On Valentine’s Day: Skip the flowers and chocolate – and go for the wine!

One of the nice things about Rosé is that it is usually relatively inexpensive because it is not aged in barrels.

Rose (photo credit: Courtesy)
(photo credit: Courtesy)
A note to my husband: this Valentine’s Day, what I’d really like is a good bottle of wine. Keeping to the Valentine’s Day theme, quite a few wineries in Israel are marketing Rosé wines as perfect for Valentine’s Day. Yes, I know it’s a Christian holiday, and we have Tu Be’av in the summer, but it comes in a month with no holidays and it’s always good to have something to celebrate!
One of the nice things about Rosé is that it is usually relatively inexpensive because it is not aged in barrels. In other words, your partner won’t know if you’re really a cheapskate at heart. Although Rosé has the reputation of a “pink wine” that should be drunk around the pool during the summer, it goes well with fish and chicken dishes and can really be drunk all year. As the popularity of Rosé around the world has soared, more Israeli wineries are making Rosés.
I tried an excellent Rosé from the Jezreel Winery, one of my favorite Israeli boutique wineries. The 2019 Rosé has just been released and it’s a blend of Syrah and Carignan grapes with 10% Sauvignon Blanc. It is relatively low alcohol at 12.5 percent. At 65 shekels ($19) it’s a steal, and I’m going to stock up!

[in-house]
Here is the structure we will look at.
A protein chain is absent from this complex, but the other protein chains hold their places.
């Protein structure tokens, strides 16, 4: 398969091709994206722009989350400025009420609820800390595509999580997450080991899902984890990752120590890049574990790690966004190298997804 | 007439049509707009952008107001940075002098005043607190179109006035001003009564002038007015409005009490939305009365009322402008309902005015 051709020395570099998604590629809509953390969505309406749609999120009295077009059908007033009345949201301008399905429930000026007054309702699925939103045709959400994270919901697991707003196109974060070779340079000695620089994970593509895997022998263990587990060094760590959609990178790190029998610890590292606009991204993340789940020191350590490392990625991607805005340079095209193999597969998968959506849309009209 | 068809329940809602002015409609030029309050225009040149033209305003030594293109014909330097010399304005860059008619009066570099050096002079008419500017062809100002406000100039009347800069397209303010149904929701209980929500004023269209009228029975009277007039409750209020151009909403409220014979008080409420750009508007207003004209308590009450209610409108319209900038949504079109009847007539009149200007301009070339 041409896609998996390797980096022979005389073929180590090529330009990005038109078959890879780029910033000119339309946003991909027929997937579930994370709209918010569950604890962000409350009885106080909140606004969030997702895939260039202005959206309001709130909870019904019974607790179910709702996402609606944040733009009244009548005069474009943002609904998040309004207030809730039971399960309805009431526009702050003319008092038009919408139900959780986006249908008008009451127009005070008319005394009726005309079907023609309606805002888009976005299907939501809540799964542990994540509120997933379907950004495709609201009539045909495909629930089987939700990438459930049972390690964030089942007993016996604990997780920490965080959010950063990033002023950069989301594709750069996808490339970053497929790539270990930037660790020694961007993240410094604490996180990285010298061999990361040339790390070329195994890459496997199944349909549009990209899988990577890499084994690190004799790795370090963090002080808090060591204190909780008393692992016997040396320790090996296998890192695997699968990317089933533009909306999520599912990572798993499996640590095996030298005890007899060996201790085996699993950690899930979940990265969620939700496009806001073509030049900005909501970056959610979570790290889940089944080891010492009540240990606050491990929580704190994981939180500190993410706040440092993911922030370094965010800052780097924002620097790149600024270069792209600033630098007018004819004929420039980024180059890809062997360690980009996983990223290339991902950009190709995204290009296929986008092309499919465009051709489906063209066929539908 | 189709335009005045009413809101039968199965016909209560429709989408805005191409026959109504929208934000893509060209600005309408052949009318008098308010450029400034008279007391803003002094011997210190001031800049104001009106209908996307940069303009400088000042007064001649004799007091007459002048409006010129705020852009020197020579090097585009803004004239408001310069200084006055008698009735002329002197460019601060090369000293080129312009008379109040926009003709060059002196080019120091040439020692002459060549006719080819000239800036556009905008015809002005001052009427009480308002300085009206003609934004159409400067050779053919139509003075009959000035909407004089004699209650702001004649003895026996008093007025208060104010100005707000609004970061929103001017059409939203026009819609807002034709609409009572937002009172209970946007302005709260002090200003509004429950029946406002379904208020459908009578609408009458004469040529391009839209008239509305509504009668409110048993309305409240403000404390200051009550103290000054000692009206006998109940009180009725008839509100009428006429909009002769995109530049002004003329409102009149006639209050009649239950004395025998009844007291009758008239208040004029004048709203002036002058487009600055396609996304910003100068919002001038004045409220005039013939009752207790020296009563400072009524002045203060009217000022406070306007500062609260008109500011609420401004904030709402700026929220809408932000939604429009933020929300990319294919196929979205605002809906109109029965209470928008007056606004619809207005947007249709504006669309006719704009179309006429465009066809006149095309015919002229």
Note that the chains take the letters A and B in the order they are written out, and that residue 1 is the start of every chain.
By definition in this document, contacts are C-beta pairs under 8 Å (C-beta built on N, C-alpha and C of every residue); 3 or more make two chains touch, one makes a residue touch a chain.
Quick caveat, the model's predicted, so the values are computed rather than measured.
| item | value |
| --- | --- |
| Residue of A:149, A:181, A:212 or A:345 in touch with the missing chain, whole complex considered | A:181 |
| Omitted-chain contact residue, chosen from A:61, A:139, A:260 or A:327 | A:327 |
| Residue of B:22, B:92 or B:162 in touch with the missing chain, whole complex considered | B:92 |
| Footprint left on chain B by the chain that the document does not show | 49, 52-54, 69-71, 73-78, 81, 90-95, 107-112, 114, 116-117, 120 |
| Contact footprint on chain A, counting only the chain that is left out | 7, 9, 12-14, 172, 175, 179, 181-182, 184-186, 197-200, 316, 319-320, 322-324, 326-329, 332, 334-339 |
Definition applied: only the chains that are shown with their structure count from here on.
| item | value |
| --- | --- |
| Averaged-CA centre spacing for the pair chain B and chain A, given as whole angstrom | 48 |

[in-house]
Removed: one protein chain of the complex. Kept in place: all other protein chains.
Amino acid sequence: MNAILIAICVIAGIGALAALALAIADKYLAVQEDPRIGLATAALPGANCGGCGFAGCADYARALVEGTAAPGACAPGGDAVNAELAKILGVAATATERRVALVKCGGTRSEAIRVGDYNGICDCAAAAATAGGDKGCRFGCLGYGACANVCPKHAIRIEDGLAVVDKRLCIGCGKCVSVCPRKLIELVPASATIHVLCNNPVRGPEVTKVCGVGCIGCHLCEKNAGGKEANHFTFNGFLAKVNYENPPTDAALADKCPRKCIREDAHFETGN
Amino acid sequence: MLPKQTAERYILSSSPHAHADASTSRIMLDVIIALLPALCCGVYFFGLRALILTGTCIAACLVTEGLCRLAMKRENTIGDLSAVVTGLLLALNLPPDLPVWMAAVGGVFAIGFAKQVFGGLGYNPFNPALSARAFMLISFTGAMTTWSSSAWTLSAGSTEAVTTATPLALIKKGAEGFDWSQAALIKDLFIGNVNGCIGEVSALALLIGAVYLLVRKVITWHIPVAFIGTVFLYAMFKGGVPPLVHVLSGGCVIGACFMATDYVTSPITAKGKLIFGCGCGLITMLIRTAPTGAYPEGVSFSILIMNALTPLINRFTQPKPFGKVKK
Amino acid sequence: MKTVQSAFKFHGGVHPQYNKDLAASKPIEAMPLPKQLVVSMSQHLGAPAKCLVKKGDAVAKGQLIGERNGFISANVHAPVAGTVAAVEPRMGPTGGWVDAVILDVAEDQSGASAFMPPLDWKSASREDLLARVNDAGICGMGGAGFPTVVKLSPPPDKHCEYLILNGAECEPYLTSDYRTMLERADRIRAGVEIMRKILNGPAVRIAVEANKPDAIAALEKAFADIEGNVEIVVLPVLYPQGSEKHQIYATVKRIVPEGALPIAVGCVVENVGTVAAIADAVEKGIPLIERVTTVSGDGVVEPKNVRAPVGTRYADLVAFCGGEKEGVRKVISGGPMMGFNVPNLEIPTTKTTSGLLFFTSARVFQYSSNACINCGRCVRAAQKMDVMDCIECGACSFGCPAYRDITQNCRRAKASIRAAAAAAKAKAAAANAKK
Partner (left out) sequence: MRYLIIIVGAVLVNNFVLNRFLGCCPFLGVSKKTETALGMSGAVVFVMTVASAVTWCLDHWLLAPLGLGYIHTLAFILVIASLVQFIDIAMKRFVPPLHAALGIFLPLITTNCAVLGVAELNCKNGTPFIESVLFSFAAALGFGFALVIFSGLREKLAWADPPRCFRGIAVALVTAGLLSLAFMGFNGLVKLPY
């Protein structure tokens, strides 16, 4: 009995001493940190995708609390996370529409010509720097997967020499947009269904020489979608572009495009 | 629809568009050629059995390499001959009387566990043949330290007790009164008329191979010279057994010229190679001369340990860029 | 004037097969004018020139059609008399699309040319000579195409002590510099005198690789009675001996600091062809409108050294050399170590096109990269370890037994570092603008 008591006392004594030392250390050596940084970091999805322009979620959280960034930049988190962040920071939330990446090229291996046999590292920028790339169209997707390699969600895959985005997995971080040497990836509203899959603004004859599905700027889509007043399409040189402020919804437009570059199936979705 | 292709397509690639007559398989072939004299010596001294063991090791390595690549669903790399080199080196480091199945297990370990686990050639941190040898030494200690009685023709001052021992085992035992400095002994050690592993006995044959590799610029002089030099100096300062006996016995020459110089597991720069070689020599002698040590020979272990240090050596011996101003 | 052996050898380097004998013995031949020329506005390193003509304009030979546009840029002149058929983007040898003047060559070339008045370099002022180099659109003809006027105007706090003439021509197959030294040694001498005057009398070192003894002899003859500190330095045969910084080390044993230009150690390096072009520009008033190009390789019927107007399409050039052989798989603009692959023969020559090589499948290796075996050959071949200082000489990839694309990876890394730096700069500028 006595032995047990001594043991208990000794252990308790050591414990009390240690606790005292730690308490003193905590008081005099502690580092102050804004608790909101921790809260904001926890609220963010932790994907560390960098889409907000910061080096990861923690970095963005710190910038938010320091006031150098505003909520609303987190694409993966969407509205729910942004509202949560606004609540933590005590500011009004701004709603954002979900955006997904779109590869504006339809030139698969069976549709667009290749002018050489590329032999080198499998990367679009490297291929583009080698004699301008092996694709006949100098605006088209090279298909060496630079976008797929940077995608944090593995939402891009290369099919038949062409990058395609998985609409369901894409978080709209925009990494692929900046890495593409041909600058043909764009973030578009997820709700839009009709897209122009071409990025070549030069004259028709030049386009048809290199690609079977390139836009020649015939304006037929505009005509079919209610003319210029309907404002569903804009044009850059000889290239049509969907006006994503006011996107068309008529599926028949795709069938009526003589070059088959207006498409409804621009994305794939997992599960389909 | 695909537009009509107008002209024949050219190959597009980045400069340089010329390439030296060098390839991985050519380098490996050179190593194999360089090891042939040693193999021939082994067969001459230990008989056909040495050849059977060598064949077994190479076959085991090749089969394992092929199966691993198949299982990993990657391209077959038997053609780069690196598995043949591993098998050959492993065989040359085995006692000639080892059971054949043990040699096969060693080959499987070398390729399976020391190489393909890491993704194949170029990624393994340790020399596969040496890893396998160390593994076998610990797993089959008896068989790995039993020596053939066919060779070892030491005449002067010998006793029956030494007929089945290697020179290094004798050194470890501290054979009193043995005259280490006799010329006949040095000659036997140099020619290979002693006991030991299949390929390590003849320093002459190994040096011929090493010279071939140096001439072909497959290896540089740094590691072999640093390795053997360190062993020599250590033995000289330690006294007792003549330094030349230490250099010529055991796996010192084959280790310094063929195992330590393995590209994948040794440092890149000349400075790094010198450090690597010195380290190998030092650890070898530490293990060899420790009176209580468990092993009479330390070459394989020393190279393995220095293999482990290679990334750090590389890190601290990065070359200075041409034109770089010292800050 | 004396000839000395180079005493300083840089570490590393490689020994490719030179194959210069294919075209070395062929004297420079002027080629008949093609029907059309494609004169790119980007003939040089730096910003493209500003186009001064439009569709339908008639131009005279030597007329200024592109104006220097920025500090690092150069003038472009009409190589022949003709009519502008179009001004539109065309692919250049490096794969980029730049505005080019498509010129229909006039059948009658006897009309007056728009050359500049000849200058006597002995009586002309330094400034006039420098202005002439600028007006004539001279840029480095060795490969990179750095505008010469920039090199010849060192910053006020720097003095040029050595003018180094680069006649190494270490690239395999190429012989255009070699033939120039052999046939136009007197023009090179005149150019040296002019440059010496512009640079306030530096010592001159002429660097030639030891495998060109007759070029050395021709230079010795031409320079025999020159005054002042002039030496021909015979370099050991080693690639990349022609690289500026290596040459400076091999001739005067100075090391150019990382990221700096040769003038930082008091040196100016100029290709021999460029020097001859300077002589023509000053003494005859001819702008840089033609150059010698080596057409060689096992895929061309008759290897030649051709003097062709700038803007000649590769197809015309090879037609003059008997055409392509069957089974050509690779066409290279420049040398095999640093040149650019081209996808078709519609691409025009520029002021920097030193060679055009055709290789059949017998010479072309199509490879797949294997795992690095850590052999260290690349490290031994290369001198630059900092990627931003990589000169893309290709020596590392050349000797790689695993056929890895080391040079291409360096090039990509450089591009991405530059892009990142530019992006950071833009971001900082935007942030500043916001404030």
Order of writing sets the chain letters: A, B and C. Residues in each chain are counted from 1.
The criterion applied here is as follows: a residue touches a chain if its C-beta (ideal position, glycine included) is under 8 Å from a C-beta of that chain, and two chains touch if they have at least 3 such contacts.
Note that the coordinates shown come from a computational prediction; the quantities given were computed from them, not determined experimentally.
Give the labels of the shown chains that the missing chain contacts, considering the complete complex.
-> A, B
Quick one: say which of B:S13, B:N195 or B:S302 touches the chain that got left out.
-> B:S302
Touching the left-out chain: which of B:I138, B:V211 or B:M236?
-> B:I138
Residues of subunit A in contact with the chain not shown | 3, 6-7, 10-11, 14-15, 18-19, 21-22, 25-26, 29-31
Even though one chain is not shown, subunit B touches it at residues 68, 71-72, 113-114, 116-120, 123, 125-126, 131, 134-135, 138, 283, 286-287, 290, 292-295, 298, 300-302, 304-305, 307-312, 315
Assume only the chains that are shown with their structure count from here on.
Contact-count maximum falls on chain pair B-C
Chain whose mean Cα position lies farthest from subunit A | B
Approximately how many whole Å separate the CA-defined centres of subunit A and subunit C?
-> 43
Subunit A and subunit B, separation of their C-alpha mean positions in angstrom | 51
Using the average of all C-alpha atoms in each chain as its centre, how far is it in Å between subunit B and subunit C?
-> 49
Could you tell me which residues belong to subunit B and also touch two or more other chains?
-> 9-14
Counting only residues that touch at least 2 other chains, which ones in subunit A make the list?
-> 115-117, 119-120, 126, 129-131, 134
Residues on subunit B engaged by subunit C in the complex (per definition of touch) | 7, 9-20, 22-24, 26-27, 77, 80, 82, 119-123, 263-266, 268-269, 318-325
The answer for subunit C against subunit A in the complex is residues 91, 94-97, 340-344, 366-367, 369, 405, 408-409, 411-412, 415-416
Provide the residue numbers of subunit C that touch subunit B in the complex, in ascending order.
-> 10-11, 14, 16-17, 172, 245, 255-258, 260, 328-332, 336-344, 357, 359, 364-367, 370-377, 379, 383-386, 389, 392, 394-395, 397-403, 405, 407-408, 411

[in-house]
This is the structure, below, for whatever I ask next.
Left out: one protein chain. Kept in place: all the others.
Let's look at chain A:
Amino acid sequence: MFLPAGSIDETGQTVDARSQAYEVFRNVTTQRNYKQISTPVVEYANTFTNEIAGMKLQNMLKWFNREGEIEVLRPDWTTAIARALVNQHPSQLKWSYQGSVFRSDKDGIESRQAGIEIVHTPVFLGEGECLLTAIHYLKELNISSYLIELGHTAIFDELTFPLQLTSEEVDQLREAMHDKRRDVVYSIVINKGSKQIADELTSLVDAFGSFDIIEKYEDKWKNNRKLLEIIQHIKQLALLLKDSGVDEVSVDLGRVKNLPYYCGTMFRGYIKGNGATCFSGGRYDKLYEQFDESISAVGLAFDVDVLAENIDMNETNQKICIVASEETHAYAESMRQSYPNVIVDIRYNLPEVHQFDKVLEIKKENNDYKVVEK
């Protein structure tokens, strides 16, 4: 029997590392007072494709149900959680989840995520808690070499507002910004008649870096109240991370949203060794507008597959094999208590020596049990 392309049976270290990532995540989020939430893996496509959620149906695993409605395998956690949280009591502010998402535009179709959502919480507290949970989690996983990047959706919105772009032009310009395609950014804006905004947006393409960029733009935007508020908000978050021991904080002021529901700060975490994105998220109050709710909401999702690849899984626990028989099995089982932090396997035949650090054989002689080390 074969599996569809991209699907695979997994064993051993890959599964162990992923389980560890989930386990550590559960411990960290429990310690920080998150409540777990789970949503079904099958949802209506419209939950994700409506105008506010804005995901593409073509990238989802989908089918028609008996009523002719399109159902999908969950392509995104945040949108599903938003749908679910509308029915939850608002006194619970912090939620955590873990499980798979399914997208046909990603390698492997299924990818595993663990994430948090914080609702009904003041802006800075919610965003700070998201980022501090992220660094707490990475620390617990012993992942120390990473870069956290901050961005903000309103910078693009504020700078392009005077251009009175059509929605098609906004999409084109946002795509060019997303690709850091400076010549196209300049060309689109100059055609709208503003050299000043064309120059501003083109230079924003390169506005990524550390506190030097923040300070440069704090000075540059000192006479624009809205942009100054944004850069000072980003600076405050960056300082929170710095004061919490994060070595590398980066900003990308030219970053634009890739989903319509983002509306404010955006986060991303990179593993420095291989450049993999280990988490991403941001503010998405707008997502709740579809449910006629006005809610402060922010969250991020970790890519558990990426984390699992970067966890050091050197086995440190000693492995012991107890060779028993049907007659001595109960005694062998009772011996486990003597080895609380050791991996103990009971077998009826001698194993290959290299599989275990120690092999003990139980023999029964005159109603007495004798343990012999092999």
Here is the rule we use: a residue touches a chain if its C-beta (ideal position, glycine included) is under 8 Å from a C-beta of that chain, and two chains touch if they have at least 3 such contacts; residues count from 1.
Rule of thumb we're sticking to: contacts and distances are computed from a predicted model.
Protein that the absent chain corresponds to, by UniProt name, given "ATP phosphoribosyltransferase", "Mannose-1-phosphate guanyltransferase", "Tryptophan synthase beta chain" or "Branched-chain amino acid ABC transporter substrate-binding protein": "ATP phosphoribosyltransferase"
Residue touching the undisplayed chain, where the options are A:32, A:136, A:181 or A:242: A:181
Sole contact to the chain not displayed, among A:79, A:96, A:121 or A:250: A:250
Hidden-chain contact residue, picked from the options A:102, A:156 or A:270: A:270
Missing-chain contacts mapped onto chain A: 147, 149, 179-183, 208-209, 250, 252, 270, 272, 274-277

The Carmel Winery has a new version of its entry-level low-alcohol Buzz series (what a great name for a fun, bubbly wine) with a pomegranate flavor. This is by no means a serious wine, but it’s nice as either an aperitif or a dessert. It costs just 25 shekels ($7), so you can afford to buy all your valentines a bottle (or two or three).
Barkan Wineries has two offerings for Valentine’s Day: a dry Rosé (30 shekels) with a lovely pink color and a nice aroma. If you want to go a little more upscale, go for the Eitan Assemblage from 2016, a blend of Merlot, Shiraz, Cabernet Sauvignon and Petit Verdot. It was aged in oak barrels for 12 months and is well worth the 60 shekels.
For those who want to add a little European taste to their Valentine’s Day, I recommend the Champagne Drappier Brut Rosé, which is imported by Zur. It is a traditional French champagne with long-lasting bubbles and is made of Pinot Noir grapes. It sells for 150-200 shekels at stores in Israel (with the prices a bit higher abroad).
Zur also imports a series of wines from Elvi, the only kosher winery in Spain. I highly recommend the Elvi Clos Mesorah and if you want a pink wine for Valentine’s Day, there is Elvi Vina Encina Rosado.